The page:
M2018-01 Running ashore of a fireboat in Kivijärvi on 22 May 2018

A safety course has been arranged in several years near the end of the spring semester for the ninth-grade student of the Tainionmäki upper comprehensive school. The course contents have been practical and of the on-location practical training type. The safety course is mentioned in the school's annual plan. Different topics of the safety course have been trained by the different organisations and authorities in the Kivijärvi region.

In the spring of 2018, the safety course included boat training arranged by the Kivijärvi local unit of the Central Finland Rescue Department. The training objective was to train the students in driving a boat utilising a map plotter while the visibility is limited. For this reason, the boat's windscreen and some of the side windows covered. The previous group of students had completed the boat training without problems.

The boat's master was a fireman from the Central Finland Rescue Department. In addition to the boat's master, there were a teacher and four students on the boat. In the beginning of the trip that led to the incident, the boat's speed was increased to around 22 knots (around 40 kph). The familiarisation of the students with navigating using a map plotter was begun with the direction of the master as the boat approached a gate made of spar buoys, through which the students were intended to steer the boat. During the familiarisation, the master attempted to remove the route data stored in the map plotter during the previous group's training run. While deleting waypoints, the master did not notice a change in the boat's running direction towards the nearby shore. As he noticed the approaching shore just before running ashore, the master attempted to avoid collision by steering the boat to the right. He did not have time to reduce the speed of the boat.

The boat ran ashore at an angle of around 45 degrees and was ejected on dry ground several metres ashore. Nobody received serious injuries during the collision. The students and the teacher and the boat's master later visited a health centre for a check-up. After the incident, a debriefing event was organised for the participants in Tainionmäki school on 24 May 2018.

The person who noticed the incident from the opposite shore reported the accident immediately to the Emergency Response Centre, where the incident was categorised as a water traffic accident of medium severity. After this, the emergency duty officer contact the rescue authority on site, who, in this case, was also the master of the boat involved in the accident. The emergency duty officer did not become fully aware of this, and it did not clearly come up during the contact. Based on the conversation with the rescue officer who acted as the master of the boat involved in the accident, the emergency duty officer did not alert a response matching the accident accident category. The failure to alert a response was based on a situational assessment of the need for any additional assessment made by the rescue officer on site, who in this case was also the master of the boat involved in the accident.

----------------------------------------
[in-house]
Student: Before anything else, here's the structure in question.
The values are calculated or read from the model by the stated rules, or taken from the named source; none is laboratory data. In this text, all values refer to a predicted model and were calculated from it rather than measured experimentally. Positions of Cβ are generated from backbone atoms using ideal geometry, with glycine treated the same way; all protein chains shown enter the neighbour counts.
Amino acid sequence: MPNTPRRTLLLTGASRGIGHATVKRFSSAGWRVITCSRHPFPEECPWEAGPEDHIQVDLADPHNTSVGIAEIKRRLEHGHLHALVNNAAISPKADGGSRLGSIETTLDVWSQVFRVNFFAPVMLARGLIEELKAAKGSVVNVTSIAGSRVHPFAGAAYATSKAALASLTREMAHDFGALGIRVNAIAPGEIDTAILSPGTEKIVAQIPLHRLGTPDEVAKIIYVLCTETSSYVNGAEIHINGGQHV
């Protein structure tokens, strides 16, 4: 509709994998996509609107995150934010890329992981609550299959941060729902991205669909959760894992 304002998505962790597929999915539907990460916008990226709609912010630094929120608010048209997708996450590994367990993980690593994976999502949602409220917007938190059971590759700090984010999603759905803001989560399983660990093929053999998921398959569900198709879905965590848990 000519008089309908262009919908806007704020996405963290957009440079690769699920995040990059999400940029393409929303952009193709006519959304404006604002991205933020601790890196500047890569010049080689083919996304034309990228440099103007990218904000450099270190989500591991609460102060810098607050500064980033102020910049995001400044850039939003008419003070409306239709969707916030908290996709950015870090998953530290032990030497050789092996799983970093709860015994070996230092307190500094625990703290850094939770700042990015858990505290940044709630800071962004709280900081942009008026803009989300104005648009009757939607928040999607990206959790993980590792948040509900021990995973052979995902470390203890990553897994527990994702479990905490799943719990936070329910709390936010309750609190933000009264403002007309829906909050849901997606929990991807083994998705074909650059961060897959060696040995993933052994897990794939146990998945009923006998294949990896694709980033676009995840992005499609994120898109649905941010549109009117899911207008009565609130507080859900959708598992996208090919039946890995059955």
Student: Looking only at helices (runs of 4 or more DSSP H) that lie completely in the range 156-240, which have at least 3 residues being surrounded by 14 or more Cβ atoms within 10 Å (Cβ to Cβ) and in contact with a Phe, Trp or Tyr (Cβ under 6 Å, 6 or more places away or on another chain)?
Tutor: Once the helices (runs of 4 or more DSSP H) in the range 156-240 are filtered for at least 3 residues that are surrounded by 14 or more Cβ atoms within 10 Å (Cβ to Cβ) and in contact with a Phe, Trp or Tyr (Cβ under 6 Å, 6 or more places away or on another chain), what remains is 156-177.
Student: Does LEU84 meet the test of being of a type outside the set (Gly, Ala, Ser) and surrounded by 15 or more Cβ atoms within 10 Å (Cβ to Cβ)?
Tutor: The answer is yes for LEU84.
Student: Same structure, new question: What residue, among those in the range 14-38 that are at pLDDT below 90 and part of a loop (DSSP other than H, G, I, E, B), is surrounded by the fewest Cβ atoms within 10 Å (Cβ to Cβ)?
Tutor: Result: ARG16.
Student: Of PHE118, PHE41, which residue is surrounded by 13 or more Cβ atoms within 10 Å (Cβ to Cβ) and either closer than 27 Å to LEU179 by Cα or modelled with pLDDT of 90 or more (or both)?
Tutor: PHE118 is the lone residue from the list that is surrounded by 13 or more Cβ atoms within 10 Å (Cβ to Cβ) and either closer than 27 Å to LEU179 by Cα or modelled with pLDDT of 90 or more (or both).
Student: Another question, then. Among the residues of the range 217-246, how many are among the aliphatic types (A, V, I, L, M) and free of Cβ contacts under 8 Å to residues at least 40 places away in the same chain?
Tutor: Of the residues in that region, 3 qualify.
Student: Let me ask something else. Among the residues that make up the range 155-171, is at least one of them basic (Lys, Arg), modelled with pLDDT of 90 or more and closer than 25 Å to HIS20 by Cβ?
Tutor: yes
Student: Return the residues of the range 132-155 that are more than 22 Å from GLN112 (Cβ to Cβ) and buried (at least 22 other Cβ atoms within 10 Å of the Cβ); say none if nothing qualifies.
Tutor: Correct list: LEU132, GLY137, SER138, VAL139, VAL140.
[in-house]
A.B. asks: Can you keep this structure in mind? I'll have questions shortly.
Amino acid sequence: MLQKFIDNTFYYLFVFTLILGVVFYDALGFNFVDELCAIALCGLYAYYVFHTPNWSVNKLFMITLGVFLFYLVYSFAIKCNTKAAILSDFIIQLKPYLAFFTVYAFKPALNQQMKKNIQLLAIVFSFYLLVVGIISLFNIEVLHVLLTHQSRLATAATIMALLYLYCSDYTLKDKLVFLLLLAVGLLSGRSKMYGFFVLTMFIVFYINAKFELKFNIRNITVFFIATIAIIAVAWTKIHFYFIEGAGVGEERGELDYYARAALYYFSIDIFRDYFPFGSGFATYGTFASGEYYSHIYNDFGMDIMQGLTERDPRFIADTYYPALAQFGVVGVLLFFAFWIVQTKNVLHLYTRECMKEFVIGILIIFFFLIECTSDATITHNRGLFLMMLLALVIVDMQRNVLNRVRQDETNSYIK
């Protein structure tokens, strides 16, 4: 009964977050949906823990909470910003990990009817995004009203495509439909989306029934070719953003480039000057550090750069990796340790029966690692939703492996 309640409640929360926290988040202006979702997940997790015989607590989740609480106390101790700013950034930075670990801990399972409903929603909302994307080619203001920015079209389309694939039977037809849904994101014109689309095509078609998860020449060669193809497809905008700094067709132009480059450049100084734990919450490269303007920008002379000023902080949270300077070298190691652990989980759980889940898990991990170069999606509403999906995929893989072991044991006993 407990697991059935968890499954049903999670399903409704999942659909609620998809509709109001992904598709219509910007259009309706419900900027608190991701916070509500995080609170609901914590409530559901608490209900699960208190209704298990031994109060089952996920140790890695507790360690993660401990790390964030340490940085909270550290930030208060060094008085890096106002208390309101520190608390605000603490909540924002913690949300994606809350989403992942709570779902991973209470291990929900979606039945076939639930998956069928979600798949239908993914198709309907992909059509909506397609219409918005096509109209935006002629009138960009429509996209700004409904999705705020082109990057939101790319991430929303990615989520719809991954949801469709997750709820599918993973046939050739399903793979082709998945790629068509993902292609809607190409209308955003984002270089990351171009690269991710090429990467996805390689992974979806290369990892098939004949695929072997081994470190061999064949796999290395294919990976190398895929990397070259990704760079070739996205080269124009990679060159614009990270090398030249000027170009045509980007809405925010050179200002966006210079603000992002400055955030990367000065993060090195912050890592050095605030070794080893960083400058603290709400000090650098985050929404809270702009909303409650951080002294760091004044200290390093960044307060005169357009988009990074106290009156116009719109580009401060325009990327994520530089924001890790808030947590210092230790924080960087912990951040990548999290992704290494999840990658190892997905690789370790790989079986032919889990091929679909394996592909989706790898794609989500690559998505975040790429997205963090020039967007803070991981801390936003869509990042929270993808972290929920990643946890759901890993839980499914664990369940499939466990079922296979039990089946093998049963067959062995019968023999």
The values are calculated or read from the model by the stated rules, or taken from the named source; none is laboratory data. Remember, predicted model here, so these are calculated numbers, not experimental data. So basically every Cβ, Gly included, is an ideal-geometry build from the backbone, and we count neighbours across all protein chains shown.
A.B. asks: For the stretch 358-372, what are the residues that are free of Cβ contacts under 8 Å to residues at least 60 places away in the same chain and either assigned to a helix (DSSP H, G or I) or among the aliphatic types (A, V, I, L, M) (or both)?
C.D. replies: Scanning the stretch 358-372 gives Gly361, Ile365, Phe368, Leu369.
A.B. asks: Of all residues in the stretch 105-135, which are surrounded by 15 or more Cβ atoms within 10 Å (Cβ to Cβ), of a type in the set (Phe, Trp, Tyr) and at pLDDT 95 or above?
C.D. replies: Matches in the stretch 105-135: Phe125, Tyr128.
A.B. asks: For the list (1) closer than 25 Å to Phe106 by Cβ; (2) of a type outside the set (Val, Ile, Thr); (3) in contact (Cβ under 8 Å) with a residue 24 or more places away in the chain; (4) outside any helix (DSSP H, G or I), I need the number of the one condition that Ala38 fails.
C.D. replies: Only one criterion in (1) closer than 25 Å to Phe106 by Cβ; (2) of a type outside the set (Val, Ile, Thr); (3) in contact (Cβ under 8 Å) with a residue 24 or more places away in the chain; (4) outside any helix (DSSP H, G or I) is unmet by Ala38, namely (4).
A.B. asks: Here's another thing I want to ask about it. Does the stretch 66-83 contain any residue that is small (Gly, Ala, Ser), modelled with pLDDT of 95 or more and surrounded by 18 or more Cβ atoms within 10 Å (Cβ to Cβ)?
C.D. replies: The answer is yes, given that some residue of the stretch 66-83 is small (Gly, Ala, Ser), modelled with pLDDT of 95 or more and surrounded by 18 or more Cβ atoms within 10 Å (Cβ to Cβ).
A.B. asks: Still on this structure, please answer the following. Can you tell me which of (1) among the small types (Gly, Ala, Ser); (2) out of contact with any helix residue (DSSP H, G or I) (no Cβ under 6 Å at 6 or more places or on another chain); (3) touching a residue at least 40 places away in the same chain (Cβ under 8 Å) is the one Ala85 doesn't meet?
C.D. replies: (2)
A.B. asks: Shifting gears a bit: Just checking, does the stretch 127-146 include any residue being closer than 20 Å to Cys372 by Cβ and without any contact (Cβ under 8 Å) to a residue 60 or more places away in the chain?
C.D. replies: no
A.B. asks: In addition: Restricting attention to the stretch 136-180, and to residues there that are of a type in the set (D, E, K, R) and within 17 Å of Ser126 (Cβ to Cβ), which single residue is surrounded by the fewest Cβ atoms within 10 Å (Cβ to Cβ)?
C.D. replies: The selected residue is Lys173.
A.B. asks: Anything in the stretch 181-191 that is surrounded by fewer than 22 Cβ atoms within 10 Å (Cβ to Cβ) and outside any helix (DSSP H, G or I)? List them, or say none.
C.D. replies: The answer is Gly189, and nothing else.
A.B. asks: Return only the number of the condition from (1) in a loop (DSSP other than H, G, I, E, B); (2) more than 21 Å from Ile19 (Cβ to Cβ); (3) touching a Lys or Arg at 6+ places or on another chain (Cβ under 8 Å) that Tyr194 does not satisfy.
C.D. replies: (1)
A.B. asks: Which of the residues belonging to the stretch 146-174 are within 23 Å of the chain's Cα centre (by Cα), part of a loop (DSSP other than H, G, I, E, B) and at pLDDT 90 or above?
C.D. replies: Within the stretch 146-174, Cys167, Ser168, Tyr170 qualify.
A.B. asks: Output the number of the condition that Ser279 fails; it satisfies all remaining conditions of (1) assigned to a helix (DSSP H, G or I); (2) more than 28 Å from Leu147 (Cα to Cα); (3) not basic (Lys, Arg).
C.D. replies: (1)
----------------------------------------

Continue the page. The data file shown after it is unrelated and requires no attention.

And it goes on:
Neither a risk assessment or a risk management plan had been prepared for the boat training stage of the safety course arranged by the rescue department. The teacher was not familiarised with the training programme in advance. Life vests were given to the students and the teacher, but no instructions were given on how to act in a possible emergency. Watch kept during the boat trip was very lacking.

The master of the boat did not have the maritime navigation qualifications approved by the authorities to pilot a commercial craft classified as a domestic cargo vessel during an inspection. The master's boating experience was based on voluntary practical training and a voluntary coastal shipping operator course targeted at boating enthusiasts.

The role of the Central Finland Rescue Department as the ship manager is not clear. The job descriptions of the personnel do not describe the responsibilities or obligations of a ship manager, or the qualification requirements possibly required by being a master of a boat or steering, servicing or maintaining a boat.

The Rescue Department of the Ministry of the Interior supervises and instructs the operations of the 22 rescue departments. The operation of the rescue departments is based on funding from the municipalities used to acquire the vessel fleet required by the rescue departments, for example. The Rescue Department of the Ministry of the Interior may instruct and supervise the operations of the rescue departments by preparing decrees, statutes and recommendations that can also be used to affect the vessel operations of the rescue departments – both in sea areas and inland waters.

The Safety Investigation Authority recommends that

• The Finnish National Board of Education give instructions on taking student safety into consideration with regard to teaching, training and other events included in the curriculum taking place outside the school area or organised by outside parties. [2019-S20]

• The Ministry of the Interior draw up a regulation on the vessel operations of the rescue departments and issue an instruction for the transition period in order to secure the safe use of the vessel fleet [2019-S21].

• The Finnish Transport and Communications Agency draw up rules for commercial craft that take account of the special requirements related to the purposes of use and operating conditions of fireboats. [2019-S22].

M2018-01 Investigation report (in Finnish) (pdf, 0.98 Mt)

 
Published 8.3.2019